Skip to content

The Arts’ Pandemic Pivot

By: Karina Casarrubias

By Camille

When Covid hit last March, ballet was the first thing in my life to be affected. I distinctly remember having tickets to see San Francisco Ballet perform on March 14th, a Saturday, and being so disappointed to find out earlier in the week that the performance had been postponed. At the time, I thought that this rain check was disappointing, but little did I know that soon after my whole life would come grinding to a halt. Next came the school closures and the suspension of ballet classes at my studio. As I watched many industries turn to Zoom, I saw that the arts were falling behind. My grandfather, a professional jazz pianist, was suddenly out of work, and I saw pleas from desperate artists flooding my Instagram feed every time I opened up my phone. My high school, which had a specialized arts program, came up short in funding for the next school year as a result of our major fundraising gala being switched to a virtual format. In short, the arts didn’t have the luxury of creating a semblance of normalcy in a virtual world.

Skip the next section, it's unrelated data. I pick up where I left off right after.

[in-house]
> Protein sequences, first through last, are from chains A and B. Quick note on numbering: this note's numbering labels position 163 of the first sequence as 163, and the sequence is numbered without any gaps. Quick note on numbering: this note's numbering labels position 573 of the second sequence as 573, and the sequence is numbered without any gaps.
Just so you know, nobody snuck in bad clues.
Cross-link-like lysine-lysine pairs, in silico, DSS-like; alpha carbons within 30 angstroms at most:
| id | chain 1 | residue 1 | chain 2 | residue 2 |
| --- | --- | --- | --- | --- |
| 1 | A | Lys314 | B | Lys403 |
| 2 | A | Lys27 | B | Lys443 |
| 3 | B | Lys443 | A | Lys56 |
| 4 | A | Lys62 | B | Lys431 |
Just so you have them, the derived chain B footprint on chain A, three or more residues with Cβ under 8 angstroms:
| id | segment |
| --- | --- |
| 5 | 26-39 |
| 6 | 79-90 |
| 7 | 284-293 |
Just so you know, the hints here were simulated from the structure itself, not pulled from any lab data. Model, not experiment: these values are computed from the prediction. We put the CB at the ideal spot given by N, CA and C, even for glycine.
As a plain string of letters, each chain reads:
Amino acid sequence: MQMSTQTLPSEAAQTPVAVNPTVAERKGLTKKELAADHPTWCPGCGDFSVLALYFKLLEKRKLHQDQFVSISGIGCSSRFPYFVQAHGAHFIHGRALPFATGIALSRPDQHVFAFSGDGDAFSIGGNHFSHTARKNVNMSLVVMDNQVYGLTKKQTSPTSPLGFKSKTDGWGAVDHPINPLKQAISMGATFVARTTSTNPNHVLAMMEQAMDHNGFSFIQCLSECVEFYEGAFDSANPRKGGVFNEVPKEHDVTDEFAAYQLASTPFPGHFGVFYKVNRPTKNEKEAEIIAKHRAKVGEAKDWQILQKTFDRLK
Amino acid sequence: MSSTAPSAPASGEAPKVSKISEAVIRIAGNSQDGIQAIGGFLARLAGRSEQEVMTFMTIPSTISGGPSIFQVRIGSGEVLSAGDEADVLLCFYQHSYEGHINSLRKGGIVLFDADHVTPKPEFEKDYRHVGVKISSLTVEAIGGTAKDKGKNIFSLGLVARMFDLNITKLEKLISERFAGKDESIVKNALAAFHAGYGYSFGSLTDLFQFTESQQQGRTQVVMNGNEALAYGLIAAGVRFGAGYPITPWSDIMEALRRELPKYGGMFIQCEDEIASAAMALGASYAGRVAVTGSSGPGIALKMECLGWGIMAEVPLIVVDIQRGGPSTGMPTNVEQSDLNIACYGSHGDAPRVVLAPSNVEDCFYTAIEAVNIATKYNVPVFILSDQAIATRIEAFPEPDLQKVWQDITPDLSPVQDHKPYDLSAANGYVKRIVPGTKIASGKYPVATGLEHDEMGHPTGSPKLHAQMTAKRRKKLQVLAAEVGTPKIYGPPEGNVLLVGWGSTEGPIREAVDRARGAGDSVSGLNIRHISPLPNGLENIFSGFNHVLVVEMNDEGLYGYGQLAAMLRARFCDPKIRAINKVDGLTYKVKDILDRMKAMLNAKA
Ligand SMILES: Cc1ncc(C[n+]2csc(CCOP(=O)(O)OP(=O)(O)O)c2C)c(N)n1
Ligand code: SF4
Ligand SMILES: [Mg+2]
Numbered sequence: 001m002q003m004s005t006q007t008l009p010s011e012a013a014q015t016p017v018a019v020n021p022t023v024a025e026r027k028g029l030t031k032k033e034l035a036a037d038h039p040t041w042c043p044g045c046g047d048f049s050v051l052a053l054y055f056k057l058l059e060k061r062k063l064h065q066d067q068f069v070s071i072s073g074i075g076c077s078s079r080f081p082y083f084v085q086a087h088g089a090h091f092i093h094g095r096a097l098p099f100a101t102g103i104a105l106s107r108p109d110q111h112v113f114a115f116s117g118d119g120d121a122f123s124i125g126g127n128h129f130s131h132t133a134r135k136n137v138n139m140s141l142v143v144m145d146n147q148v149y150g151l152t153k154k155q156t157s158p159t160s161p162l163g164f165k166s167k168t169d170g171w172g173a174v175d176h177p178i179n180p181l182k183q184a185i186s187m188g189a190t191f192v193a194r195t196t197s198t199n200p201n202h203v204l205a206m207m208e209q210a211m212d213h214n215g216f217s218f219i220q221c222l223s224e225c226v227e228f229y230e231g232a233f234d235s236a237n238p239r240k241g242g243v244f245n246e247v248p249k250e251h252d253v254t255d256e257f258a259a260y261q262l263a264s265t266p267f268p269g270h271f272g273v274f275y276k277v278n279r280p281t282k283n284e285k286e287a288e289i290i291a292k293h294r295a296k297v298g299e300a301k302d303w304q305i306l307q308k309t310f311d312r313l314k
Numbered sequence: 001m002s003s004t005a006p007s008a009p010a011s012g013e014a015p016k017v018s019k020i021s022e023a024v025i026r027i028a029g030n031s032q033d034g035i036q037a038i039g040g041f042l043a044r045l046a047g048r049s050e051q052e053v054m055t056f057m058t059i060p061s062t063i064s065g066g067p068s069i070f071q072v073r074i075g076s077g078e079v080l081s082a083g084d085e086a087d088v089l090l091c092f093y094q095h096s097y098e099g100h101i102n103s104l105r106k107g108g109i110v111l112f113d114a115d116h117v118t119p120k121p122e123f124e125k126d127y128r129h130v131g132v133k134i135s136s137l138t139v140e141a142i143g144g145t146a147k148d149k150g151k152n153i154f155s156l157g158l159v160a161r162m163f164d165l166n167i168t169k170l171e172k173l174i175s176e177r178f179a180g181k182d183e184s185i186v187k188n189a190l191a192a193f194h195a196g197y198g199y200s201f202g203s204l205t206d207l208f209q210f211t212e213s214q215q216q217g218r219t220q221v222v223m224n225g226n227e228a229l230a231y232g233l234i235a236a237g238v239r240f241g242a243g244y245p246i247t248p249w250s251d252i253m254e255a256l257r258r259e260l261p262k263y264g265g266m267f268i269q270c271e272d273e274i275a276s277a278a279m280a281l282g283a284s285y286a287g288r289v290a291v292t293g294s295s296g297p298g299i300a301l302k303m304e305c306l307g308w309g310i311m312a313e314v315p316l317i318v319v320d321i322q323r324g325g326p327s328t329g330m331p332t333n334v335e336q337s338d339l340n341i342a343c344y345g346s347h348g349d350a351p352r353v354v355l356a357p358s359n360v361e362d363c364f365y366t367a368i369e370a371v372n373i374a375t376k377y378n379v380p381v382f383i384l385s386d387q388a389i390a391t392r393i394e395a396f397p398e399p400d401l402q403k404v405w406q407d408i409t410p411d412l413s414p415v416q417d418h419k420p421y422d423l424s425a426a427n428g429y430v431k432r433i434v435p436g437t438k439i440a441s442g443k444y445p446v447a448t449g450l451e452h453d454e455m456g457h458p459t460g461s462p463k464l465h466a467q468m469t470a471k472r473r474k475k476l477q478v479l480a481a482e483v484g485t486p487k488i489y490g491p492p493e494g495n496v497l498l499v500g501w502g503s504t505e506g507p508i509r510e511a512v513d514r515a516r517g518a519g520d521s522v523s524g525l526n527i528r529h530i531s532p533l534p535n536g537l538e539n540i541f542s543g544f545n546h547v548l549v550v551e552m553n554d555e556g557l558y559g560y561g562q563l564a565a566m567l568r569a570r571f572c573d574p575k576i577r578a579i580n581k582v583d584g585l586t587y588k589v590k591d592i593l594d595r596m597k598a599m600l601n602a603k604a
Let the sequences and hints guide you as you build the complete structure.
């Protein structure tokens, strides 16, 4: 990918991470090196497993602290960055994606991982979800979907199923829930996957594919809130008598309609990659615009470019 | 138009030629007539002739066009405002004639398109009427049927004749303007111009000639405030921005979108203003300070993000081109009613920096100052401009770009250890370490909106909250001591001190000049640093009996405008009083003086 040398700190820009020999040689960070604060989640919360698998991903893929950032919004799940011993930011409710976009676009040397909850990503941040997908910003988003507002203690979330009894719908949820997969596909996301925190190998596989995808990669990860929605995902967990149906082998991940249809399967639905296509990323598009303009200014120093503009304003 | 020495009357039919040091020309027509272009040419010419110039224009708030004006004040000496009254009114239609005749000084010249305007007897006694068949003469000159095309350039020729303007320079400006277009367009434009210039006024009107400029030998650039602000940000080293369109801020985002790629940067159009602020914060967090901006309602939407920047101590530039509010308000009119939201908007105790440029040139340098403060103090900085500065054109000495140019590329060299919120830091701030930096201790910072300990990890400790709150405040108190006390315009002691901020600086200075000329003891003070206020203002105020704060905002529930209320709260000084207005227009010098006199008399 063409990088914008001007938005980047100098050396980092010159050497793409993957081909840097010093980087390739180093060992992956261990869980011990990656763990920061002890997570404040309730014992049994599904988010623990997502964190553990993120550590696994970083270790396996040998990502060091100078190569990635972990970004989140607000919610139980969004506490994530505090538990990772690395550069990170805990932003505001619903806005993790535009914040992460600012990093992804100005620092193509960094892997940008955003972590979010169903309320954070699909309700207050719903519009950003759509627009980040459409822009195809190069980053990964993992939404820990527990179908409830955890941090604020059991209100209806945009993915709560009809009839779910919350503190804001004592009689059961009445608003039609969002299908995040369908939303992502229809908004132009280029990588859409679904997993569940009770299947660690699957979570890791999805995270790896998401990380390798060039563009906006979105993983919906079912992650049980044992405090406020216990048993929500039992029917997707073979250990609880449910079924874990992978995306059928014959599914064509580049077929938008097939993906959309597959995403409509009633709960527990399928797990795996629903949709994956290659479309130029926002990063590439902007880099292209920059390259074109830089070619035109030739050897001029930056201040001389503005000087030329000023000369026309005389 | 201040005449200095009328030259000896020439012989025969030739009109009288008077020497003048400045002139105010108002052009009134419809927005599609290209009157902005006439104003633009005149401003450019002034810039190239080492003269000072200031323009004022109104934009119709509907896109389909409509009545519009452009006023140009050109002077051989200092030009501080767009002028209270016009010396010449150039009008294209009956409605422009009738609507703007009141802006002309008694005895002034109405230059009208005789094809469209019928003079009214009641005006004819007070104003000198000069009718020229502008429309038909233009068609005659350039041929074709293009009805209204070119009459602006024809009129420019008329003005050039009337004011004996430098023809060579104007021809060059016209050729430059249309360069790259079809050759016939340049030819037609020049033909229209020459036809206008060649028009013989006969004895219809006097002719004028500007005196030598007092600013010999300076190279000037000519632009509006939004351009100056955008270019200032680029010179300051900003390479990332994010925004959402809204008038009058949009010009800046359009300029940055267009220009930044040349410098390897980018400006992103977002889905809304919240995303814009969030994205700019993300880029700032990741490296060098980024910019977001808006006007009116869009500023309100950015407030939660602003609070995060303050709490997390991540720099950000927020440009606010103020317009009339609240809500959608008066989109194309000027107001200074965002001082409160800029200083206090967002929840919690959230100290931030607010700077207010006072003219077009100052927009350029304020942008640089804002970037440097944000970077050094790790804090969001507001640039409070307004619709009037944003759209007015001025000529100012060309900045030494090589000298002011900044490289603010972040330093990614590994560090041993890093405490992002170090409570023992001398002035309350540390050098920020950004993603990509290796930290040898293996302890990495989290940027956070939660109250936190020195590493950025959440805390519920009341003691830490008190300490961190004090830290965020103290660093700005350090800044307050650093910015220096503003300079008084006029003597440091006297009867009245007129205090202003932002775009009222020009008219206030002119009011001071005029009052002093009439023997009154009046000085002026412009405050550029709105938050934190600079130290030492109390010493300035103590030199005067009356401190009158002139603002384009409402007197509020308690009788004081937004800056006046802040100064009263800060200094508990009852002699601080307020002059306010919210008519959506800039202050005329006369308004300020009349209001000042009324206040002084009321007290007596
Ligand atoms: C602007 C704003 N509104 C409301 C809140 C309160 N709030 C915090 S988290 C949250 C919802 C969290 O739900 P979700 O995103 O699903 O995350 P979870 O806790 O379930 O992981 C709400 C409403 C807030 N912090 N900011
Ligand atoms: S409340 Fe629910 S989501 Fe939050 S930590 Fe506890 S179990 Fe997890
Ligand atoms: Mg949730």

Over the past year, I’ve seen artists do what they do best: think creatively. By mid-April, I began to see videos popping up of dancers creating DIY home studio spaces. Soon after, many dance suppliers began creating small rectangles of flooring meant specifically for in-home space constraints. I had a lot of fun setting up my own in-home dance space, and I’m actually thinking about keeping it once life goes back to normal. The convenience of rolling out of bed and taking class is unparalleled, and I love being able to work through classes on YouTube at my own pace.

In the dance world, the next creative solution that was born was outdoor classes. I never thought ballet could be effectively done outdoors until I saw the tents my studio set up. Fully floored and outfitted with barres and lights, they almost resembled the studio experience I had grown so used to. In some ways they surpassed it, with the fresh air and lack of mirrors creating a new type of sensory experience.


As we get closer to seeing live performances as a reality again, I couldn’t be more excited to finally reschedule that San Francisco Ballet performance. As it turns out, it never really was canceled, just postponed for an extended chunk of time.